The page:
The Vanderbilt University Fine Arts Gallery’s collections of British Art is explored in a new exhibition which constitutes the important impact that the UK has had on global art trends.
This comprehensive survey will be the first of its kind in over two decades to draw on the nearly 300 British objects held by the Gallery. Four Hundred Years of British Art will include examples of eighteenth-century English portraiture and related painting by such noted artists as Benjamin Wilson, George Romney, and John Opie, and a work attributed to the school of Thomas Lawrence; a selection of engravings by the pictorial satirist and social critic William Hogarth; two biting satires of the English upper class by Thomas Rowlandson; early nineteenth-century prints by Joseph Mallord William Turner, and the master mezzotint printmaker Richard Earlom; paintings from the founder of the Norwich School of landscape painting, John Chrome; numerous examples of works by artists associated with the late-nineteenth-century etching revival such as Sir Francis Seymour Haden and William Strang; selections from the Gallery’s large collection of etchings by one of the premier portraitists of the early twentieth century, Gerald Brockhurst; and modern and contemporary works by noted artists such as David Hockney, Henry Moore, Roland Penrose, Leslie Foxcroft, Michael Craig-Martin, Mona Hatoum, Bernard Cohen, and Patrick Caulfield.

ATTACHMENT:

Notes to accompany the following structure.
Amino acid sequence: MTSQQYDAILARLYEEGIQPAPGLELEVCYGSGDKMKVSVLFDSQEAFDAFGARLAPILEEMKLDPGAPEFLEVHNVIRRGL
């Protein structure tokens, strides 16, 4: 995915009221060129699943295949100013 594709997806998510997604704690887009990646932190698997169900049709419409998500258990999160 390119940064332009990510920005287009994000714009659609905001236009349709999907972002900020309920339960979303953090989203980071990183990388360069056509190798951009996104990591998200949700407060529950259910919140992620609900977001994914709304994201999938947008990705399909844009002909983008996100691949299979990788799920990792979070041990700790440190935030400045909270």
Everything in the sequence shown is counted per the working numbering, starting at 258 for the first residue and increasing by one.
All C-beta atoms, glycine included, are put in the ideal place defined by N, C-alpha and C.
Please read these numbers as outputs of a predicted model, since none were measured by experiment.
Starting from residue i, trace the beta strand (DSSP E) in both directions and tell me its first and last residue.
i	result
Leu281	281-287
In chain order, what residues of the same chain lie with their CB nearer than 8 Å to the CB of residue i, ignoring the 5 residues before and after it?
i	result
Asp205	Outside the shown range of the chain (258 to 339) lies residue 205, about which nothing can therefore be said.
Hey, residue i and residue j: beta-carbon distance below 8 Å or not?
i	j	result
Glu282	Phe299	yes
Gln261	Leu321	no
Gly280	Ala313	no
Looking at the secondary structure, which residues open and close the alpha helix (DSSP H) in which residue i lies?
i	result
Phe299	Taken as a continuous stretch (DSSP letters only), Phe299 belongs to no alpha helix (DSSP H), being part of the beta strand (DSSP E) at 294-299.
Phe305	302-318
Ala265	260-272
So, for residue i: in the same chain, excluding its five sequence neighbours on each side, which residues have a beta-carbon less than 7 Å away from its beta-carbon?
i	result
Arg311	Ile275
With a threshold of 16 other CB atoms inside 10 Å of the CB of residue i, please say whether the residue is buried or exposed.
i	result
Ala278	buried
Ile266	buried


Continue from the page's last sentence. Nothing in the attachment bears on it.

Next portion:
The show is being presented in honor of Professor Robert L. Mode who will retire after forty-six years of teaching art history at Vanderbilt. Much of his research and teaching focused on British art. The Vanderbilt University Fine Arts Gallery features a series of engaging exhibitions each year that represent the diversity of artistic production today, as well as throughout the history of Eastern and Western art.
Photo: George Romney, British, 1734–1802 The Infant Shakespeare Attended by Nature and the Passions, ca. 1786–1791 Vanderbilt Art Association Acquisition Fund Purchase
Exhibition March 13- June 15, 2013 – Nashville, Tennessee